Nicknamed “Go-Go” for his ability to urge his mounts to their maximum speed and effort, Garrett Gomez is one of the most successful jockeys in the modern era. His skills as a jockey are often put on display in the biggest races America has to offer.
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Like many professional jockeys, Gomez turned to racing at a very young age. He dropped out of school to become a professional jockey in September of 1988 and began his career on the smaller race tracks of the American southwest. In 1989 he racked up the second most wins for an apprentice jockey, 182, in a season that foreshadowed the greatness that would follow.
In the early 1990’s trainers were beginning to notice Gomez’s ability as a jockey and he began to ride some of the best thoroughbreds in racing. This led to back-to-back victories in the Arkansas Derby aboard Concern and Dazzling Falls in 1994 and 1995. With his career in full swing, Gomez set his sights on the illustrious racetracks of California. He was an immediate success, winning the riding title at Hollywood Park in 1998.
Garrett’s racetrack success was briefly halted, however, in 2003 after a battle with substance abuse issues forced the jockey to serve jail time. He made a return to the track in 2004, stating that he was clean and sober, and instantly resumed his winning ways. Since that time Gomez has ridden for trainers such as Robert Frankel and Todd Pletcher. In 2007 and 2008, Gomez won horseracing’s Eclipse Award for Jockey of the Year. His most memorable recent moment was guiding Blame to a victory over Zenyatta in the 2010 Breeder’s Cup Classic. It was Zenyatta’s first defeat.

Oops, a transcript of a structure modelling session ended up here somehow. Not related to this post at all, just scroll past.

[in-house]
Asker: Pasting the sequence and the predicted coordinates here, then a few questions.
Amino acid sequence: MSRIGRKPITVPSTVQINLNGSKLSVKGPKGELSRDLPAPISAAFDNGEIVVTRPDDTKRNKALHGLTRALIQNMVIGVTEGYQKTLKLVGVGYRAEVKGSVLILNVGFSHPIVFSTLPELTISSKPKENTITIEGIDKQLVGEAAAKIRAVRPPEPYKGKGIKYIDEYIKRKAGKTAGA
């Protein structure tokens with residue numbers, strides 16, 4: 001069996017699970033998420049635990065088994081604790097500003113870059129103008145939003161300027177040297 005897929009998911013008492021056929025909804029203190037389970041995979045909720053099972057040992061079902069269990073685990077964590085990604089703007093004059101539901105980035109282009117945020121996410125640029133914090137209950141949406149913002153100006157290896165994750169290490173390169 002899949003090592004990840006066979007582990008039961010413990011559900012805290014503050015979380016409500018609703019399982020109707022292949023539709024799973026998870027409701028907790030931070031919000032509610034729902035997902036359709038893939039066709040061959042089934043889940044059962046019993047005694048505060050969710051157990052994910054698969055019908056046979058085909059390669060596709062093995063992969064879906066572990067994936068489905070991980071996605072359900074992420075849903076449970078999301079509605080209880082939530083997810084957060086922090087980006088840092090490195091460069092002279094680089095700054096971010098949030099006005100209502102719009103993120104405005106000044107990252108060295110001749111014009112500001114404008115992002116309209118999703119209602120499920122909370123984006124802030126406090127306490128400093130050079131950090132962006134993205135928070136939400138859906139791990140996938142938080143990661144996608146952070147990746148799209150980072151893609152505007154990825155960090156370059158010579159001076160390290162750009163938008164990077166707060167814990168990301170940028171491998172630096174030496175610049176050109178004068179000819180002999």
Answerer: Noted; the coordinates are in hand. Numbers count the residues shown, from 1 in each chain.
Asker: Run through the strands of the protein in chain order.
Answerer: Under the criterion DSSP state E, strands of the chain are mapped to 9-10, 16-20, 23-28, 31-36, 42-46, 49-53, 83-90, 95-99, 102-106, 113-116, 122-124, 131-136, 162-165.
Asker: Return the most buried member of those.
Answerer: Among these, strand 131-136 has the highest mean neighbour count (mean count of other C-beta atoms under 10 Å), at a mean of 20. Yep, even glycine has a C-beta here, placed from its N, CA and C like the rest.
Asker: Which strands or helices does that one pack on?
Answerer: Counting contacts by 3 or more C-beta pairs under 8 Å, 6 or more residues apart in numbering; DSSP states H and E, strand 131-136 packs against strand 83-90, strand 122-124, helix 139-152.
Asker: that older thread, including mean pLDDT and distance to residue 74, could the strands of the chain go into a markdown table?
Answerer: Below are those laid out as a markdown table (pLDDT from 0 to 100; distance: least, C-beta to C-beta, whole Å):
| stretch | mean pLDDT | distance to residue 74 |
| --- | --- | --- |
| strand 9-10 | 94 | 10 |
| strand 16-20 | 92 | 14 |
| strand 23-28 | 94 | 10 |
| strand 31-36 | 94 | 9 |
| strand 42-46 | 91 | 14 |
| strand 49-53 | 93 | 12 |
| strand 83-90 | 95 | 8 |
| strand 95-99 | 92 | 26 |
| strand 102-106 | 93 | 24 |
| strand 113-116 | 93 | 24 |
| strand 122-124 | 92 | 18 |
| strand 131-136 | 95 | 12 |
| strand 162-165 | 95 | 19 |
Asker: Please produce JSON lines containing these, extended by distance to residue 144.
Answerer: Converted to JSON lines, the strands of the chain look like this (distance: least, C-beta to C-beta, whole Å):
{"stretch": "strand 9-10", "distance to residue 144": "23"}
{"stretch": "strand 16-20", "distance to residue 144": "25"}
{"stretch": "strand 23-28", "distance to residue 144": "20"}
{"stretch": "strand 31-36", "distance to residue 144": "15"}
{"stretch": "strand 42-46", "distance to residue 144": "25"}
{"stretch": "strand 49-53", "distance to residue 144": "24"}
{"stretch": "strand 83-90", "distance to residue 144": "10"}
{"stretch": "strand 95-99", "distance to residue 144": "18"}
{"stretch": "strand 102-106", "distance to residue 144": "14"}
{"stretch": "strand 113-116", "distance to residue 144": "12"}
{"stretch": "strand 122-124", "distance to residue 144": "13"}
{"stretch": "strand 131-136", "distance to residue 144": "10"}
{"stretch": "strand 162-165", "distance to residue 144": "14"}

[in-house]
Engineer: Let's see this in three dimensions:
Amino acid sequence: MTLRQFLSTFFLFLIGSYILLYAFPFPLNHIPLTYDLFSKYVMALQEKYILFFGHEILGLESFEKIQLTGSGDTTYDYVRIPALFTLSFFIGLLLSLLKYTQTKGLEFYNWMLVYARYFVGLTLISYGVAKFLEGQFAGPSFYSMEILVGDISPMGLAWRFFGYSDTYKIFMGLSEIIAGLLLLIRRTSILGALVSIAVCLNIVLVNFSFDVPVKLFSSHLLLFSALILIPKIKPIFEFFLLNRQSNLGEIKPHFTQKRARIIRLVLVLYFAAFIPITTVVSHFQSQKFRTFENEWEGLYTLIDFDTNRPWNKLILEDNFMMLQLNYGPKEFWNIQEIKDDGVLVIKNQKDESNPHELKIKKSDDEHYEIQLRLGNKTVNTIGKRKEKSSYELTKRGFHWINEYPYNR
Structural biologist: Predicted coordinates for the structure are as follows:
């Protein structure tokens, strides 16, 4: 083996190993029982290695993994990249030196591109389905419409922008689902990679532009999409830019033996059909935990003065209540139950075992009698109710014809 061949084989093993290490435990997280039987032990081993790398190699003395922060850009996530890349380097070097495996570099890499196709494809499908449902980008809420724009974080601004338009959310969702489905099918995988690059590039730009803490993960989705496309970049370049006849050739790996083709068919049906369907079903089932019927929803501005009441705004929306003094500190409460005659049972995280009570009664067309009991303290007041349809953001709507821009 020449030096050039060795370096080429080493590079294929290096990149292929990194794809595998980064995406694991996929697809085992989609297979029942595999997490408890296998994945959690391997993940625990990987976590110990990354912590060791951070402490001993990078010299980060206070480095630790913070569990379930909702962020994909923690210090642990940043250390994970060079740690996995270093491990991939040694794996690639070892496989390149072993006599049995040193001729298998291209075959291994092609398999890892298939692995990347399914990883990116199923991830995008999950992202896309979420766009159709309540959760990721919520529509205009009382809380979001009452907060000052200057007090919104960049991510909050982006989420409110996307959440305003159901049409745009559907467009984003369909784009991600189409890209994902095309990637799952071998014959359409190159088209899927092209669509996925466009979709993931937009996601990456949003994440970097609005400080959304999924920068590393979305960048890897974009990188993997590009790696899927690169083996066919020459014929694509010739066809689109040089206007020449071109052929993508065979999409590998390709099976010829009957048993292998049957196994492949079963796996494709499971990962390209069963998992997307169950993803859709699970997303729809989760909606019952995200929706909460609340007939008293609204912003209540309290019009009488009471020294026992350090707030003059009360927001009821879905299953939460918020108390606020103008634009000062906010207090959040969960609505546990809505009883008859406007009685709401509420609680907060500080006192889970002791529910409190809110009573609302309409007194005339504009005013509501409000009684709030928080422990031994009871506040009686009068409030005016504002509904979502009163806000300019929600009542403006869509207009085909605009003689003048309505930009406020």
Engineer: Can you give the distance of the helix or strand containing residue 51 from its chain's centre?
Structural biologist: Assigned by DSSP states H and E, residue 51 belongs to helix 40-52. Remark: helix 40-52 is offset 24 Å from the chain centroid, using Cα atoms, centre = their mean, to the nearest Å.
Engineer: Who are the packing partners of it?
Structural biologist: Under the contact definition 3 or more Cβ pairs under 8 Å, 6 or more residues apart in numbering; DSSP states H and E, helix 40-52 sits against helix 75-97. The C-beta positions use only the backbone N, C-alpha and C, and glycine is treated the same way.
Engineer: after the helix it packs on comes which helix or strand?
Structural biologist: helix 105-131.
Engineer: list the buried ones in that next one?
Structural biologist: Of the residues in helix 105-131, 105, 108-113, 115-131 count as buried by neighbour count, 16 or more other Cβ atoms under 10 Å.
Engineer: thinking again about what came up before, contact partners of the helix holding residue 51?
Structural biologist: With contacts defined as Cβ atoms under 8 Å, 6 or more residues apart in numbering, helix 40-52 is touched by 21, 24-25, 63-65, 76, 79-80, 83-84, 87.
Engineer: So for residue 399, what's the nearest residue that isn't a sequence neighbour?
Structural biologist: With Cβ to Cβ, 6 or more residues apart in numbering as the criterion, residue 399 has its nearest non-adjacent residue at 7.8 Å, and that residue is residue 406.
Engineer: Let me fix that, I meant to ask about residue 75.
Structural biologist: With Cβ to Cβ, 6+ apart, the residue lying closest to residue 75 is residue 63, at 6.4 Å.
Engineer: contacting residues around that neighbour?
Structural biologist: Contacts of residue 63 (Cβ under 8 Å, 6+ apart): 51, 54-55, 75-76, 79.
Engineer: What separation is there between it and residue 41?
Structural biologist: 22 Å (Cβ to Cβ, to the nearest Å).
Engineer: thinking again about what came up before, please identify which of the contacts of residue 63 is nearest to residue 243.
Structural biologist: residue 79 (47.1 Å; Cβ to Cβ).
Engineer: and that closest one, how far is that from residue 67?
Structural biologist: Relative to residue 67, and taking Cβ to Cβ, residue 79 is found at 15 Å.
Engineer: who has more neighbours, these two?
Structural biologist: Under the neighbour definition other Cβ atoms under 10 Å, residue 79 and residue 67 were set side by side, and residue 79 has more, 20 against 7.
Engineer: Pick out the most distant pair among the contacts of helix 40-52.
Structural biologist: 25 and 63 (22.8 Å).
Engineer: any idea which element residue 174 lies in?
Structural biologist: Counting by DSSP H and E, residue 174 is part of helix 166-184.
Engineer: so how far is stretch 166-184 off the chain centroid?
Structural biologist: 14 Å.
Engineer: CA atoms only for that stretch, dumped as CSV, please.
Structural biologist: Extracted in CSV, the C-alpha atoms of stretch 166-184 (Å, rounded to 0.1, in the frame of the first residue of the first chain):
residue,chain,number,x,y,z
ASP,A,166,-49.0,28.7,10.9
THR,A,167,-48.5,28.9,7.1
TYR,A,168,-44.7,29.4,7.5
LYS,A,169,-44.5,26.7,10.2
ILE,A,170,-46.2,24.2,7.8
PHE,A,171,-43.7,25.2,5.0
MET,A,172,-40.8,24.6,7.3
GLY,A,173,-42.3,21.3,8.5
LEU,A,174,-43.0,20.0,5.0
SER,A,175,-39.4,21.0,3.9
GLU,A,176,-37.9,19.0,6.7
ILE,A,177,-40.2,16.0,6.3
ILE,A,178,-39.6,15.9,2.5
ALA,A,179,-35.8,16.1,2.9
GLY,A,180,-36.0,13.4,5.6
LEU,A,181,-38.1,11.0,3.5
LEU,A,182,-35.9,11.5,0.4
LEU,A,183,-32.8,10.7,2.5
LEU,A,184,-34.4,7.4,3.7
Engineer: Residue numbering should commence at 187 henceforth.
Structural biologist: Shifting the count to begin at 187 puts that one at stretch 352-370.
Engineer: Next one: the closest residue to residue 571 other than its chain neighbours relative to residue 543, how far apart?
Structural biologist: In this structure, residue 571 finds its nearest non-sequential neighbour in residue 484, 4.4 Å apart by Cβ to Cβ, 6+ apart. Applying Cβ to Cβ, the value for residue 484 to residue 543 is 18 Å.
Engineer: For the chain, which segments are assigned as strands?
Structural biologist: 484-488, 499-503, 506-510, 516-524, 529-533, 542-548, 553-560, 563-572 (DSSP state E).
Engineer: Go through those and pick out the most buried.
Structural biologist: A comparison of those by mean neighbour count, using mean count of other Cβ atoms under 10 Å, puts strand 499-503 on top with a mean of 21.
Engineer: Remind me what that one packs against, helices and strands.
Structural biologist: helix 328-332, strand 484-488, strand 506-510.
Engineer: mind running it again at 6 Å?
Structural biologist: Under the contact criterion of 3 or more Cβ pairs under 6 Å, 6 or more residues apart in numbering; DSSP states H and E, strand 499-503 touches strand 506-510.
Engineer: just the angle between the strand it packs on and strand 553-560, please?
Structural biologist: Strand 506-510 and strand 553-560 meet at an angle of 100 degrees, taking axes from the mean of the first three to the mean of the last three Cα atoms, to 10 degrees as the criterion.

In October of 2013, Garrett Gomez inexplicably fired his agent and walked away from horseracing, stating that he didn’t “want to ride for a while.” The move left many speculating about whether Gomez’s substance abuse struggles had returned. Now past his 40th year, Gomez may be facing the end of his career as a professional jockey. Until that is confirmed he is a force to be reckoned with any time he takes the reins in a race.